Journal of Nursing Education

Guest Editorial Free

Nurse Educators: Leading Health Care to the Quadruple Aim Sweet Spot

Jan Boller, PhD, RN

Eighteen years ago, an alarming report on preventable deaths from medical errors was released by the Institute of Medicine (IOM, 2000). That report featured the estimate that approximately 100,000 people in the United States die each year because of preventable medical errors. A subsequent IOM report (2003) called for all health professionals to be better prepared to keep patients safe, focusing on five core competencies for health professions education: patient-centered care, interprofessional collaboration, evidence-based practice, quality improvement, and informatics.

Visionary leaders in nursing education were ahead of the curve, responding to the call for safer and more effective care via the Quality and Safety Education for Nurses (QSEN) project (Cronenwett et al., 2007). In 2008, the Institute for Healthcare Improvement announced a major initiative—the Triple Aim—which focuses on “simultaneous pursuit of three aims: improving the experience of care, improving the health of populations, and reducing per capita costs of health care” (Berwick, Nolan, & Whittington, 2008, p. 759). Subsequently, Bodenheimer and Sinsky (2014) proposed a fourth—a quadruple—aim to improve the work life of health care providers, both clinicians and staff.

What progress has been made during the past 19 years since the IOM report, with 10 years of QSEN education, and 9 years after the Triple Aim was launched? Improvements in some health outcomes have been reported. For instance, the United States has seen a 15% reduction in infant mortality rates compared with 2005 (Kochanek, Murphy, Xu, & Tejada-Vera, 2014). Numbers of hospital-acquired conditions, such as central line-associated bloodstream infections (CLABSIs), pressure ulcers, and falls with injuries have significantly decreased from 2010 to 2013, according to a recent report from the American Hospital Association (2015). However, in terms of better care and lower costs, we are not yet there. James (2013) has estimated annual hospital patient deaths due to preventable harm to be over 400,000 per year. Reports from consumers of health care continue to include stories of poor care experiences, including lack of compassion and frustrations in navigating the complexities of the care system. Further, the aim of lower costs per capita has yet to become reality. Although an estimated 20 million people were newly insured through the Patient Protection and Affordable Care Act (ACA, 2010), political challenges to the ACA remain, including rising costs, high out-of-pocket expenses, and access to affordable insurance.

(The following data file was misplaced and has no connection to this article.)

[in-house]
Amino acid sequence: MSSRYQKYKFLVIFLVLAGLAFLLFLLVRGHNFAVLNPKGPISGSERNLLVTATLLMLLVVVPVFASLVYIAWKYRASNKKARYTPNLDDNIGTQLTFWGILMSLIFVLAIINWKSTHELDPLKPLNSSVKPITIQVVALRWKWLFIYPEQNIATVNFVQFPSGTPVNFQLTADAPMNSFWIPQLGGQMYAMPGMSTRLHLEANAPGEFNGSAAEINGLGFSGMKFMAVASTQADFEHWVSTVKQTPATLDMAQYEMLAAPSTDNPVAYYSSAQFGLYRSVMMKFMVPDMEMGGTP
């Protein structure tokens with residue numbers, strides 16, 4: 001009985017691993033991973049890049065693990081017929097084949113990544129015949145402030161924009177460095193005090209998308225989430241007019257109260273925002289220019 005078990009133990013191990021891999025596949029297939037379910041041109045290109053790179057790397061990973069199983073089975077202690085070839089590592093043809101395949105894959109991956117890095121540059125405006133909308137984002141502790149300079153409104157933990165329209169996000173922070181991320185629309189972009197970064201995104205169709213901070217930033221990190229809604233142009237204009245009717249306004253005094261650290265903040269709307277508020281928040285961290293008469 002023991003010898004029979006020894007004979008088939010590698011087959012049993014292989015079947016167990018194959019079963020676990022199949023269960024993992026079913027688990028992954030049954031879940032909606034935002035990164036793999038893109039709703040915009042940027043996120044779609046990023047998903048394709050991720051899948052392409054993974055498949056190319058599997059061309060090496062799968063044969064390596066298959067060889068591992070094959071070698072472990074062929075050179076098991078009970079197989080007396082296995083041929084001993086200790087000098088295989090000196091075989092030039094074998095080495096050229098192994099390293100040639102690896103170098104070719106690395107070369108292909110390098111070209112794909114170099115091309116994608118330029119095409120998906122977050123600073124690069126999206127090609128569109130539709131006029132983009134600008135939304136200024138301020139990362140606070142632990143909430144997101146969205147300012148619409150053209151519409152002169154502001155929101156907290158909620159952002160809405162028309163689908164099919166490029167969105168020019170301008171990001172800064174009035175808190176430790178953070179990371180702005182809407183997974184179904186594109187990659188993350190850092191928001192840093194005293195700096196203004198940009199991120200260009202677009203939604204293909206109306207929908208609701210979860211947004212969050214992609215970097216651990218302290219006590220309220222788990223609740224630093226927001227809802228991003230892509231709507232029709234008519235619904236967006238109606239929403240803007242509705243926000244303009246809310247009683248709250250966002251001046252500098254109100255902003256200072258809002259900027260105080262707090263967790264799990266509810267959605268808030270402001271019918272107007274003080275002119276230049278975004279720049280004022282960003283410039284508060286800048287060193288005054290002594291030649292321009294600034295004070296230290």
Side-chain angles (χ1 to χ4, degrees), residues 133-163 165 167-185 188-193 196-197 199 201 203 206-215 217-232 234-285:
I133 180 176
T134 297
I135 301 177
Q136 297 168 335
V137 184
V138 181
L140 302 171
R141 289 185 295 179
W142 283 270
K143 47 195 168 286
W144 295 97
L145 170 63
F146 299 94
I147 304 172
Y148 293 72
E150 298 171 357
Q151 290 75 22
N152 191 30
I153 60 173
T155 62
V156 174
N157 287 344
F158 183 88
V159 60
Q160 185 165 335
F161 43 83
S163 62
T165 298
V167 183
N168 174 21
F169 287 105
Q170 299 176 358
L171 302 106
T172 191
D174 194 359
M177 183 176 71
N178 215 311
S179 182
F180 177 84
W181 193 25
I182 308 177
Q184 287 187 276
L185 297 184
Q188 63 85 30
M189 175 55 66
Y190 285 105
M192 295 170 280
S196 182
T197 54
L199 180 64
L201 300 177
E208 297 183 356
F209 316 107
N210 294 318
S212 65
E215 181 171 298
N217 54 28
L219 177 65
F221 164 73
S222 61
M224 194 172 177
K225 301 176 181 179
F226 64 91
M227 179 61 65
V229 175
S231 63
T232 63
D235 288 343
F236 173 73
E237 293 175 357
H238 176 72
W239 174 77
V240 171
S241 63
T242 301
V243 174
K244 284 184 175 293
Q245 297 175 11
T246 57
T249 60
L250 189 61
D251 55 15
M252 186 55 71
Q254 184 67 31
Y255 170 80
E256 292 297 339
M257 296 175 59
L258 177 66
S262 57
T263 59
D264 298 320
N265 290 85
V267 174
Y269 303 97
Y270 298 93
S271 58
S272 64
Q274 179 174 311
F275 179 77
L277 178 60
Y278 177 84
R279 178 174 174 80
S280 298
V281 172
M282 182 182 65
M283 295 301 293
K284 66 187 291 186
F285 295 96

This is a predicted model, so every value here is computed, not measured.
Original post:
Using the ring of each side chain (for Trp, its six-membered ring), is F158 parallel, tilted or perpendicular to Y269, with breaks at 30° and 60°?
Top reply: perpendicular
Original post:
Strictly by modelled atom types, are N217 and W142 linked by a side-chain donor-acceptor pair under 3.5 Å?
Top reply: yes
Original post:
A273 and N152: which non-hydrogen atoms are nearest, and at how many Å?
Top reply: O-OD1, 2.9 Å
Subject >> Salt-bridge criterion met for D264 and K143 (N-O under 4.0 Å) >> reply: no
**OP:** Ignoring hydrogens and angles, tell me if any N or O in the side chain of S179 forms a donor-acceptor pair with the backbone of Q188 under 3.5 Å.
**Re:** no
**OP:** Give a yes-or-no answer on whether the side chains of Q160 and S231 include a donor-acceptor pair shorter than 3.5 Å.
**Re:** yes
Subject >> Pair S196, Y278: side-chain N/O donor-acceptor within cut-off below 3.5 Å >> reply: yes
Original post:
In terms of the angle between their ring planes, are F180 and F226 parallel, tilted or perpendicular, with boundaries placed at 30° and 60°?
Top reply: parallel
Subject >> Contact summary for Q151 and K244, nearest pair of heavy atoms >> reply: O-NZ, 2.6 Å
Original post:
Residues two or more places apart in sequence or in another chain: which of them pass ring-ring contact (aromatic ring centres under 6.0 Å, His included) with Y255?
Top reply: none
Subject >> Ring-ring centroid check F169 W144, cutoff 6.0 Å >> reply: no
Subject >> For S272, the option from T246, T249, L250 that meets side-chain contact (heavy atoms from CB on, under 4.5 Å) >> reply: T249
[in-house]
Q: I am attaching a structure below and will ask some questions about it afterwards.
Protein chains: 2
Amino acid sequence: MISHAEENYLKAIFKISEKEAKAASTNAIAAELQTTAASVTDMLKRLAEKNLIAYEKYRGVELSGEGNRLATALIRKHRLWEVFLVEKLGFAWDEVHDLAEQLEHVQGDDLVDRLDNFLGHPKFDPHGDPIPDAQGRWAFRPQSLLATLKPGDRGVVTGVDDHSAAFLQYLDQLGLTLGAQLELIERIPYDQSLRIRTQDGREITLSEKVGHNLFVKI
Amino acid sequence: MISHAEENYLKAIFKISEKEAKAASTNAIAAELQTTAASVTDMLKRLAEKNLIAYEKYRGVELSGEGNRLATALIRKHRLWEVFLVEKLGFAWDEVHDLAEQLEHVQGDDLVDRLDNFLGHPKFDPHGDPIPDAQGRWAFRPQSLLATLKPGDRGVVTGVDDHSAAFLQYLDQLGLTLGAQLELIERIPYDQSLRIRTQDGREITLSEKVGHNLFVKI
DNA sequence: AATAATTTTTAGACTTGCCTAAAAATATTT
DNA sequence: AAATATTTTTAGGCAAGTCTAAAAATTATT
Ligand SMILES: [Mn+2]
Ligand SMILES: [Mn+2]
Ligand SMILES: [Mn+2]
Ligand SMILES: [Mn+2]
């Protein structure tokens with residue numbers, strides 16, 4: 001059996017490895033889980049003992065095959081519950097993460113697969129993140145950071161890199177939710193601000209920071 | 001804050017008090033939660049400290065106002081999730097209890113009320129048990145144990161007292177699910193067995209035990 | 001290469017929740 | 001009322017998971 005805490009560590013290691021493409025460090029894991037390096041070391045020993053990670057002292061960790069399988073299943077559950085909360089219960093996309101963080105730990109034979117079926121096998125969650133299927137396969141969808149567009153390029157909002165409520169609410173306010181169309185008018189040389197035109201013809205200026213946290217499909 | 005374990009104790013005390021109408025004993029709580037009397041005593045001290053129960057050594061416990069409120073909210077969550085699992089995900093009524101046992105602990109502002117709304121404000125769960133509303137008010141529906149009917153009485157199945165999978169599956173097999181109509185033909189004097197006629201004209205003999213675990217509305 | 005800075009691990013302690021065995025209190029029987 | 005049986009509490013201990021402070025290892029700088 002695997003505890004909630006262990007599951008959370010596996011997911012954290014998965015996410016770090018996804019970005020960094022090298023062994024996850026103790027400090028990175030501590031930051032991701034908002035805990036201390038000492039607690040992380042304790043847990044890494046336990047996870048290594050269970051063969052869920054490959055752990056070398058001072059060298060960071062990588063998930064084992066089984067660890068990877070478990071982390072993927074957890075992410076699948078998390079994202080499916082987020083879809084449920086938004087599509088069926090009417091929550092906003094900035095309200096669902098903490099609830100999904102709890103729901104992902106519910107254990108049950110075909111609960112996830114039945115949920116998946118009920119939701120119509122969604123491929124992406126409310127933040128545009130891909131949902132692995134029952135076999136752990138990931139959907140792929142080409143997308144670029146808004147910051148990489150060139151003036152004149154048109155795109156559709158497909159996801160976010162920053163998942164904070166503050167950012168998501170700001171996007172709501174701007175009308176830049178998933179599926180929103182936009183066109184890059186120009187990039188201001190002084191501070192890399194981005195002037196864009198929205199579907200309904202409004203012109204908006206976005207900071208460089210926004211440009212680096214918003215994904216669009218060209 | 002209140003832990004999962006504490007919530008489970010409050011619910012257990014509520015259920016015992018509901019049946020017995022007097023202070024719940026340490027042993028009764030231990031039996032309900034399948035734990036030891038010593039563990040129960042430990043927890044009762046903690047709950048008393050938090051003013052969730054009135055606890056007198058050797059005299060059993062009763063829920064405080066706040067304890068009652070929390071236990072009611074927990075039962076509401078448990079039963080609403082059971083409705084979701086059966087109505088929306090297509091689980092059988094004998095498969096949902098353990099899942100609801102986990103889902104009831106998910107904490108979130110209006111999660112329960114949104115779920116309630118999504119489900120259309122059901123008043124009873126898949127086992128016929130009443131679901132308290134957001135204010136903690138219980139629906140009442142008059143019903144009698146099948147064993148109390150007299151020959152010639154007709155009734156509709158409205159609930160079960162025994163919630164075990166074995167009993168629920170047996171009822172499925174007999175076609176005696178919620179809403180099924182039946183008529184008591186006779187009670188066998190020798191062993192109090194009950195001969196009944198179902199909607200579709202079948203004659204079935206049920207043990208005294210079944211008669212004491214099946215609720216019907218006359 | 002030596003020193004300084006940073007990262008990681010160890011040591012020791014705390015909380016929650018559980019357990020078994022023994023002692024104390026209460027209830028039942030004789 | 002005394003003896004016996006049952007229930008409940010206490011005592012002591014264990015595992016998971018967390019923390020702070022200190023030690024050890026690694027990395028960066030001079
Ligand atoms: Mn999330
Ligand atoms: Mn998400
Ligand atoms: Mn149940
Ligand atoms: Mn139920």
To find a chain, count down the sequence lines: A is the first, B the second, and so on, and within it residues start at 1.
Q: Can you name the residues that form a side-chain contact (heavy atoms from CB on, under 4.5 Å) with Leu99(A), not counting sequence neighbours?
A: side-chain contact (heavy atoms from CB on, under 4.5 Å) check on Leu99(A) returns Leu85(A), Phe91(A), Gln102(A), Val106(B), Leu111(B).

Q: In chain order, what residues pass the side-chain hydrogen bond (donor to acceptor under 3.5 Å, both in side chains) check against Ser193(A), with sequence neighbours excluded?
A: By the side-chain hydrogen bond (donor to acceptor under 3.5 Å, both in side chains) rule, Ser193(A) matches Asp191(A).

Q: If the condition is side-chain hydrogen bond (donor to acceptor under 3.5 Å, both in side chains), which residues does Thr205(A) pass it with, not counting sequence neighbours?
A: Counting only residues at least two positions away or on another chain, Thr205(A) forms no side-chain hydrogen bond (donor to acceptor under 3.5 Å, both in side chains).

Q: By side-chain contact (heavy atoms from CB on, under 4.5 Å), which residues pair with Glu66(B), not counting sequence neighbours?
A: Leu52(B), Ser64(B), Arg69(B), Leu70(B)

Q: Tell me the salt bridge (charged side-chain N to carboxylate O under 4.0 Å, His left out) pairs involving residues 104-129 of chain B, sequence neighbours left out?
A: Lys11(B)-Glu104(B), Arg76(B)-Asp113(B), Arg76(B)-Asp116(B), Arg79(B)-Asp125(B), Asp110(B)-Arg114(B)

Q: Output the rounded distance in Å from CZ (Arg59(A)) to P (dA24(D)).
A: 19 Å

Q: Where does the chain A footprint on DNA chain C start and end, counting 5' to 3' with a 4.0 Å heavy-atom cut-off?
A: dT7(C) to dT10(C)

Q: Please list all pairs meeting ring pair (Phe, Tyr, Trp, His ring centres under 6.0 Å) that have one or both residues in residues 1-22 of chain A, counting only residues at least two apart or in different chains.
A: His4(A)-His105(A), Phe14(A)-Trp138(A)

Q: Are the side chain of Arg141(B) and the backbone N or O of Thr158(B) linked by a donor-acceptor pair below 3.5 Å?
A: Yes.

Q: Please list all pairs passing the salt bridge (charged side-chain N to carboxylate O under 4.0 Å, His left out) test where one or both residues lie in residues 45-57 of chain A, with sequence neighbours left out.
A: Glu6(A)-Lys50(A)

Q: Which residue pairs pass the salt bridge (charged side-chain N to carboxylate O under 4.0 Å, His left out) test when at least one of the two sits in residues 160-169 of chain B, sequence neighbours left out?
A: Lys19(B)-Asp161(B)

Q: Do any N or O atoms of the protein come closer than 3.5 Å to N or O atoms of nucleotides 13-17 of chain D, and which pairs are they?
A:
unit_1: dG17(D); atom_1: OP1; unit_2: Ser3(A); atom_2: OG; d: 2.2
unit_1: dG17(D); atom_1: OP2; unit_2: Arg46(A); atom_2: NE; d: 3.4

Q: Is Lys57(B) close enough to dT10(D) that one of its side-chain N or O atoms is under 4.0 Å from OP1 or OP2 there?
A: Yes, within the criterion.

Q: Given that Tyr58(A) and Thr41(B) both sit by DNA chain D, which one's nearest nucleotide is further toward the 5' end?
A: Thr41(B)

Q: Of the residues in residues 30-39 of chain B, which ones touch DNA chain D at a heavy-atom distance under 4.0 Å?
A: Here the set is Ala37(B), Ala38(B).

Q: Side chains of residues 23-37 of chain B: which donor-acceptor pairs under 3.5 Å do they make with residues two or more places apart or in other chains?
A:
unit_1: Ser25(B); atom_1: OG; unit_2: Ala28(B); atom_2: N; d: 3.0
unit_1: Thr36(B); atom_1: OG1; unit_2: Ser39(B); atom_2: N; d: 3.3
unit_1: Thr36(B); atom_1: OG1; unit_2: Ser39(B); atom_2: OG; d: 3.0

In the world of leadership, there is a term referred to as the sweet spot, where economic health and the common good coexist and are the keys to achieving viable and sustainable solutions (Savitz & Weber, 2008). Is it possible to reach the sweet spot of the Quadruple Aim? Academy Health and the Robert Wood Johnson Foundation are partnering to pursue this formidable aim, proposing that care delivery systems collaborate across multiple sectors to provide an affordable approach to improving population health (Hacker, 2017).

Are we as a profession just going to sit back and wait for that to happen? I believe that nurse educators are well positioned to lead the way to this lofty sweet spot goal. Nursing schools and nurse educators already work across multiple sectors to prepare nurses at all levels, from prelicensure to doctoral education. Nurse educators are already in all settings across the care continuum as practitioners themselves and as mentors to nursing students applying theory in practice. Many, if not most, prelicensure through DNP nursing students have been well prepared with the QSEN competencies. Those at the graduate level are leading evidence-based systems improvement initiatives as a part of their practice immersion and culminating projects.